During our tenure in the parenting business (believe it not, while you never stop from being your kids parent, you do, hopefully, let go of the parenting role), we are always coaching our children. “Remember to brush your teeth, make your bed, say please, thank you, your welcome, wipe your feet, wash you hands, comb your hair, make your bed, clean up after yourself”—the list is endless. A large part of parenting involves socializing your children into our culture, teaching them the basics, and helping them develop good habits. When they are little, it’s amazing how frequently we have to prompt them to do the things that will later become automatic. It’s important. Read more »
Recently, a friend’s mother died at the tender age of 51, after a two-year struggle with cancer. Her 21-year-old daughter, Sarah, sobbed as she told me the story of her ordeal. My heart broke for her. She is so young to lose her mother. I asked her when the funeral was planned so that I could attend. She explained to me that her mother’s ashes would be spread sometime later this year, but there would be no funeral or memorial service. Read more »
Spring is finally here, with blooming cherry trees, and apple blossoms, white and luminous. I love the first weeks of this season, which always comes early to the Northwest. We have even been blessed with a couple of sunny days!
It’s easy to get ahead of ourselves and dream about lazy summer days, floating on our backs in a nearby lake. But oh no! What about those several pounds that I gained over the winter? I guess it’s time, once again, to “go on a diet” and lose my winter weight. Read more »
Our society is continually on the hunt for new knowledge. We want to understand the physical world, harness it’s energy, create new technology, and delve into the secrets of the universe. Those lucky individuals, who have lived for a century, have seen huge scientific advances.
But what about wisdom? How do we understand that elusive concept? We have the ability to create vast new technologies, but do we have to wisdom to know what to do with them? What do we know of the purpose of life? How do we employ the knowledge we have for the benefit of others? Read more »
There was an excellent essay last Sunday (New York Times, March 23, 2014, What I would say to my fat son, by Joshua Max) about the author’s overweight childhood. So many children and teens struggle with their self-image, who simply doesn’t fit the cultural picture of “slender”. Frequently, they are height and weight proportionate, but just genetically configured differently than Hollywood’s idea of the beautiful body. Moms and dads try to reassure these kids, keep them focused on what’s important, and try not to make a big deal about their children’s weight and shape. They just hope that they won’t make their appearance a big deal.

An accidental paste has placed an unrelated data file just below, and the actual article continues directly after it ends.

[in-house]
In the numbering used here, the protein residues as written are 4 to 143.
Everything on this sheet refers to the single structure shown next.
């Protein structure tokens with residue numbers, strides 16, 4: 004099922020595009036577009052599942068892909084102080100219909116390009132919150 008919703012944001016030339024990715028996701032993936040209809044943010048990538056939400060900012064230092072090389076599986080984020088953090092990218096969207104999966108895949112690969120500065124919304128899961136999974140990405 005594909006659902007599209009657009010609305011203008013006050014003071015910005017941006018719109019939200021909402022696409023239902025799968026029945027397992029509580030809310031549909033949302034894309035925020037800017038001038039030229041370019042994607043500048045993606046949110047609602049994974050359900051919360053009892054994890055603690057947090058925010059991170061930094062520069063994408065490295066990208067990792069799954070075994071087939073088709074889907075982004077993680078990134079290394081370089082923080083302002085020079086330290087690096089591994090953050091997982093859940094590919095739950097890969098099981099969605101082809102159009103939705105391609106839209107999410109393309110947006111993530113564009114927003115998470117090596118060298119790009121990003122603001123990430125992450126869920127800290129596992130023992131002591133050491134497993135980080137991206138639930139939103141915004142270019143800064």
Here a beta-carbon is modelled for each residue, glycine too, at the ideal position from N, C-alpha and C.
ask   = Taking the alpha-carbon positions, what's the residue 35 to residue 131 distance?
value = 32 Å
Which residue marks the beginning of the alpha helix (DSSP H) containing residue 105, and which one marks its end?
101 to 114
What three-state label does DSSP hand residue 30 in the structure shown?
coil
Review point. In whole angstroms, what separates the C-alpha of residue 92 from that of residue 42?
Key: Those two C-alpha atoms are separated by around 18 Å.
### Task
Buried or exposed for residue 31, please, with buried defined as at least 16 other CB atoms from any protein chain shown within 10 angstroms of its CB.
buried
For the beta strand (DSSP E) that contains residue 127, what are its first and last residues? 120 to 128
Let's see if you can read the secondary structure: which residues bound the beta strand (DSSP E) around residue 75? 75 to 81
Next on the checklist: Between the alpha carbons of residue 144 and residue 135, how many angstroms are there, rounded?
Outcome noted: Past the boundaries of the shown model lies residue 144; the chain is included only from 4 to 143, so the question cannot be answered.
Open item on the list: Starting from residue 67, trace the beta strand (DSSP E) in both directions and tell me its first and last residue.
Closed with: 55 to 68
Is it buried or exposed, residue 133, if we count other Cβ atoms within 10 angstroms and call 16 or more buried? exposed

But what if your son is actually overweight? What if your daughter is obese? Read more »
Why is so hard to communicate with your partner? It’s hard to understand her, difficult for him to understand you, and even harder to get her to listen to what you have to say. Sometimes I think I am talking to the wall! And I know that my wife feels the same way.
The number one complaint in couples is poor communication! Not so hard to figure out why. The need to communicate underlies all human intercourse. Furthermore, the more “business” we have with a person, the more we need to communicate effectively.
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Today I returned from two weeks of caring for my mother in Florida as she slides towards the natural end of life. In the last two and half months I have been by her side for five weeks. It’s been hard. It’s painful to watch her dwindle, like a candle that is barely flickering, but still lit. I have had the opportunity to hold her hand at 3 a.m. in the morning, as she lay in her hospital bed at home, short of breath, frightened, waiting for the liquid morphine to work that I dropped under her tongue. I have been able to give her comfort in this final chapter of her life. I have been able to tell her how much I love her. And I have been able to reassure her that our family will be okay after she leaves us. Other family members have taken my place for the next three weeks, if she is still with us.
I am waiting for the telephone call, which will come soon. Read more »
It’s hard not to go to a restaurant today and see adults and kids sitting around a table, each with a smart phone at the ready. They steal glances at email posts, and respond instantly to the scores of texts that their friends send daily. Some teens are so expert that they can talk, walk, text, and eat at the same time!
When my kids were little, we didn’t have smart phones or tablets. I was a big newspaper reader however. I would sit in my easy chair after dinner reading one of my papers. My youngest daughter would march over to me and knock the newspaper out of my hands and yell—“I want attention!” I had to admit, she made a good point. She wanted my undivided attention. Read more »
Last week, I wrote about the value of listening to your child when she struggles with a challenge. I reminded parents that trying to solve your kid’s problem is not always a good idea—they lose out on a problem solving opportunity. I know it’s hard to do. Our natural inclination is to want to “make it better”. But sadly, even most child-sized problems can’t be kissed away.
But the same thing is true in adult relationships! Joe doesn’t understand why his wife Mary doesn’t want her grammar corrected. Why, doesn’t she want to improve her language skills? She feels insulted and he feels hurt. How can Mary think that he wants to slight her?
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